1 Who is Zeus?
As per ancient Greek religion, Zeus is the thunder and sky god who rules as the king of gods of Mount Olympus. The first element of Jupiter, his Roman equivalent, is cognate with his name. His powers as well as mythology, although not identical, are similar to those of Thor, Dyaus, Indra, Perun, Perkūnas, Jupiter, and other such Indo-European deities. As the ruler of heaven, Zeus led the gods in winning against the Giants, offspring of Tartarus and Gaea. Zeus also went on to successfully crush numerous revolts by his fellow gods against him.
As per Homer, the Greek poet, heaven was situated at the summit of the highest mountain of Greece, Olympus. It was considered to be the logical house of the weather god. Along with Zeus, the other members of their pantheon also lived there and were subject to Zeus’ will. Zeus was regarded as an omniscient observer of the affairs of humans, seeing everything from the exalted position at the top of Mount Olympus. He governed all, rewarded good conduct while punishing evil. Apart from dispensing justice, he shared a strong bond with Dike (Justice), his daughter. Zeus was seen as the protector of the home, cities, supplicants, property, guests, as well as strangers.
2 Looking at Zeus’ History
Zeus is considered to be the child of Rhea and Cronus. He was the youngest among all his siblings, however, at times, regarded as the eldest since the other offsprings needed disgorging from Cronus’ stomach. As per a Cretan myth which the Greeks adopted later, the king of the Titans, Cronus, swallowed his offsprings right after they were born. He did so when he learned that one of his offsprings was fated to dethrone him.
Little Zeus, however, was saved by Rhea as she wrapped a stone in swaddling clothes and substituted it while hiding Zeus inside a cave over Crete. Cronus mistook the stone to be Zeus and swallowed it. In the cave, Amalthea, a nymph or female goat, nursed Zeus while the young warriors, Curetes, guarded him. They clashed their weapons for disguising the cries of the infant. On reaching manhood, Zeus successfully dethroned Cronus, after leading a revolt against the Titans. Perhaps, he did so with the help of his brothers Poseidon and Hades, and later, the three brothers divided dominion on the world.
3 Zeus and His Affairs
As per most traditions, Hera is married to Zeus, and their offsprings are Hephaestus, Hebe, and Ares. In the Oracle of Dodona, it was said that his consort was Dione and from her, he fathered Aphrodite. This is what the Iliad states. The thunder god was quite infamous due to his erotic escapades. His affairs led to many heroic and divine offsprings. Zeus’ amorousness was a constant source of perpetual discourse with Hera, his wife. He had numerous love affairs with both immortal and mortal women. For achieving his amorous desires, he often transformed into animal forms.
For example, to ravish Hera, he took the form of a cuckoo. He also transformed into a swan and a bull for ravishing Leda and carrying off Europa respectively. Among his children, the notable ones are Eileithyia, Hebe, Hephaestus and Ares by Hera, his wife; Dionysus, by Semele, the goddess, Persephone by Demeter, the goddess; the twins Artemis and Apollo, by Leto, the Titaness; Dioscuri and Helen by the Leda of Sparta; Athena born out of his head after Zeus swallowed the Titaness Metis; and many others.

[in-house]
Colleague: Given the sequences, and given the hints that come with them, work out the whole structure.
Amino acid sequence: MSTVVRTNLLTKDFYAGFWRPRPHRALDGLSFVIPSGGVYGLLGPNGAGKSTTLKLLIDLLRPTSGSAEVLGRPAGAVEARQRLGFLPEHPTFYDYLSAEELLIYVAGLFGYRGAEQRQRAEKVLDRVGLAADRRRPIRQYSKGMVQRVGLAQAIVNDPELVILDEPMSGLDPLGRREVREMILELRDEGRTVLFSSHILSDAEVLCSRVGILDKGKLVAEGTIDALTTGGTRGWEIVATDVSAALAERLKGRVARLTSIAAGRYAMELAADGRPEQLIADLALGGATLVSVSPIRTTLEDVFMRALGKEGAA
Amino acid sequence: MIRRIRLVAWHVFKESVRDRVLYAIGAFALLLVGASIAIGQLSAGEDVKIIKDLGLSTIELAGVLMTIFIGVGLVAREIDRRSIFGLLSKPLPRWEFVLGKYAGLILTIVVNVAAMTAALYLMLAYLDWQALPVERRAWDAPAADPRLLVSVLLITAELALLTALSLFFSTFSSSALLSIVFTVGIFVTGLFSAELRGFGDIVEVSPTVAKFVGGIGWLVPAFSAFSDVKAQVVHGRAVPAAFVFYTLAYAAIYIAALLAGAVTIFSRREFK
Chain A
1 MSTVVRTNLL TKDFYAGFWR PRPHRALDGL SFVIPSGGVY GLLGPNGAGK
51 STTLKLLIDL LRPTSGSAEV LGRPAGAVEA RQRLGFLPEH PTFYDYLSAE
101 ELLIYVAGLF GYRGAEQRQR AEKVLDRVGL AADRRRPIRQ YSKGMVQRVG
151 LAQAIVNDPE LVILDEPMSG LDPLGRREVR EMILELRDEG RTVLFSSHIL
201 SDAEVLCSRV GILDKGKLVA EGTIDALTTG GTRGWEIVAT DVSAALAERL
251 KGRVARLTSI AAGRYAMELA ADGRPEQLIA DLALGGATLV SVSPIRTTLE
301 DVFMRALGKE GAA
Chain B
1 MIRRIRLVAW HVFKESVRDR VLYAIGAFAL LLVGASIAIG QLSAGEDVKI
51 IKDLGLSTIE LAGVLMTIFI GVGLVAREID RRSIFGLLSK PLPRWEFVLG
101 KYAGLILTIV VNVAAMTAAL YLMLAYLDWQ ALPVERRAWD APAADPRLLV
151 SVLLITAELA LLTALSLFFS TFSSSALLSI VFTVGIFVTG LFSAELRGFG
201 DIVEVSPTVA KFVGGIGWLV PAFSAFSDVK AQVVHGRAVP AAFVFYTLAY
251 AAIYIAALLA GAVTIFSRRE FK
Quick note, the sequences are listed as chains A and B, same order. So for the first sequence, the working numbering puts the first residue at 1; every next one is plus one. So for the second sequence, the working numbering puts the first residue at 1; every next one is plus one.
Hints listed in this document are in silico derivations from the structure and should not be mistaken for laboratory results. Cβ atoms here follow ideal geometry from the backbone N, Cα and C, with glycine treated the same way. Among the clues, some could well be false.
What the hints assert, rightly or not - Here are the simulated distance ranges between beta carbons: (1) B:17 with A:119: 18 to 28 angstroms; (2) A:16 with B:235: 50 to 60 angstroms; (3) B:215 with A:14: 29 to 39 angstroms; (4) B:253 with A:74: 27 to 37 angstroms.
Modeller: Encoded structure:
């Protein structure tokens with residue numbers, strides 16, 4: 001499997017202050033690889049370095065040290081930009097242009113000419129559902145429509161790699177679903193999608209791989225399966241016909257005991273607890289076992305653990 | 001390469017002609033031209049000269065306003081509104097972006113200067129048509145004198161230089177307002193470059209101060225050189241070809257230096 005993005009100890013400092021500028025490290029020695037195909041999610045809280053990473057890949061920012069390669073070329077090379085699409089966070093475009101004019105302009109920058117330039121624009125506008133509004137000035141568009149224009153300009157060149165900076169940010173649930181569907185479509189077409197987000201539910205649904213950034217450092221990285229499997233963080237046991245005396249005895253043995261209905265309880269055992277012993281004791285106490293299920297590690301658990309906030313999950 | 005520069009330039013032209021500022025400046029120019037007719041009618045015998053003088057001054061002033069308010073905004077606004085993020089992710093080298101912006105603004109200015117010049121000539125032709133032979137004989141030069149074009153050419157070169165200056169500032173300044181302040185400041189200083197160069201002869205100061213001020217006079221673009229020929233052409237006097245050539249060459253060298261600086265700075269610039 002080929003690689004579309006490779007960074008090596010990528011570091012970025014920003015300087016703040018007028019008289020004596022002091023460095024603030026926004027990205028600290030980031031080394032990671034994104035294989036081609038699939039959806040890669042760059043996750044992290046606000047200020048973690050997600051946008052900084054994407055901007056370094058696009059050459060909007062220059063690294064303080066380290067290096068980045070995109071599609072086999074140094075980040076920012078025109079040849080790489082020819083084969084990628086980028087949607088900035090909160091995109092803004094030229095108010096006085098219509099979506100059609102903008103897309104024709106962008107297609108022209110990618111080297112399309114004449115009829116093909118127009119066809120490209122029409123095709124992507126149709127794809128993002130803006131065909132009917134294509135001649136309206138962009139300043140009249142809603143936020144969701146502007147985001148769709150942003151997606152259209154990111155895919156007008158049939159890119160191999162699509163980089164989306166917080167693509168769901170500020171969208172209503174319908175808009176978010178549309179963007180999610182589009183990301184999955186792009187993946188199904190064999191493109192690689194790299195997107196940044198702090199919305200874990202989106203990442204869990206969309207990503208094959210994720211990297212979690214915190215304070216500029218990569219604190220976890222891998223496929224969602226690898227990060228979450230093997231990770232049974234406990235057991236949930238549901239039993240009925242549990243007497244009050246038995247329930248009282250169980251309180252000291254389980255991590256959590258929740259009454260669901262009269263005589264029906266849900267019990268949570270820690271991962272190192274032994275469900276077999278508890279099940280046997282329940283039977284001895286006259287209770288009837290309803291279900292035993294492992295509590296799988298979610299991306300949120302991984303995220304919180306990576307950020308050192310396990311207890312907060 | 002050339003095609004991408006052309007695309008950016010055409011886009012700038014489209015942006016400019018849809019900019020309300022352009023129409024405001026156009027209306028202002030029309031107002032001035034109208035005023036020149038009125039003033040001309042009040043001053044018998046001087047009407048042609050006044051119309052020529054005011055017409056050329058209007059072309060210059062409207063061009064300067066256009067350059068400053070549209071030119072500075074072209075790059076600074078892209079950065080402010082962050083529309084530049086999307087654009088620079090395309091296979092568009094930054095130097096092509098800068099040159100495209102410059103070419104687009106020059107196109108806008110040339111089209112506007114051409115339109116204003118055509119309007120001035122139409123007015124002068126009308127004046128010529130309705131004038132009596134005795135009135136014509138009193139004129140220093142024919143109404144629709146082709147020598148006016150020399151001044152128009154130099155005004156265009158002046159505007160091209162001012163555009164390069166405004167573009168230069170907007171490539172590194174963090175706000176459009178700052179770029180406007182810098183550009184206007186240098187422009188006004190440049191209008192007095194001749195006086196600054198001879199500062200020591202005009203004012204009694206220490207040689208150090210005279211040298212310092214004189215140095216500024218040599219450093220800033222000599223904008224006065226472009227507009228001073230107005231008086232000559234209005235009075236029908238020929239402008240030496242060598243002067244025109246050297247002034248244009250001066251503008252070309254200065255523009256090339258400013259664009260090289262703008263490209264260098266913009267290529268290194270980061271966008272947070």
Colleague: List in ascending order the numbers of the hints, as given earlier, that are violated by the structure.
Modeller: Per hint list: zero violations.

4 How Many Children Did He Really Have?
As per numerous sources, it is impossible to answer the question for certain as some myths are not only confusing but are often conflicting with one another. While some say the number is more than 100, others suggest that Zeus actually had 54 children out of which 31 were born by Divine unions. This would include the Three Graces: Thalia, Euphrosyne, and Aglaea; the Nine Muses: Urania, Terpsichore, Melpomene, Calliope, Erato, Clio, Polyhymnia, Thalia, and Euterpe; The Horae: First Generation- Thallo, Carpo, and Auxo, and the Second Generation- Eunomia, Eirene, and Dike; the Morai: Lachesis, Clotho, and Atropos; as well as 23 by mortal (human) unions.
5 The Depiction of Zeus
Zeus was respected as the father of all the gods. He was not only regarded as the chief of the gods but also the one to assign them roles. He was addressed as a father even by the gods who were not his biological offsprings. Every god rises in his presence. Equations were made between him and numerous foreign gods and this led Pausanias to state that “Zeus is king in heaven is a saying common to all men". Oak, bull, eagle, and thunderbolt are the symbols of Zeus.
Apart from his Indo-European inheritance, this classical ‘cloud gatherer also draws some iconographic characteristics from cultures across the ancient Near-East, like the scepter. Greek artists have frequently depicted Zeus in one of the two poses: seated in majesty or striding and standing forward while thunderbolt levels within his raised right hand. In numerous artworks, he was also depicted as a mature, dignified, and bearded man with a stalwart build. The thunderbolt as well as the eagle came out to be the most prominent symbols associated with him.
6 Contesting with Powerful Deities
Even though Greek religionists across the globe have regarded Zeus as omnipotent as well as the head of the pantheon, his very universality began reducing his importance when compared to the mighty local divinities such as Hera and Athena. Even though the altars of Hospitable (Zeus Xenios) and statues of the Guardian of the House (Zeus Herkeios) were present in the forecourts of houses, and Zeus’ mountain-top shrines were flocked by pilgrims, the thunder god had no temple at Athens before the late sixth century BCE. Moreover, his temple at Olympia was built after the temple of Hera was constructed. (See also Why is Christianity popular in Europe? - Greek Mythology)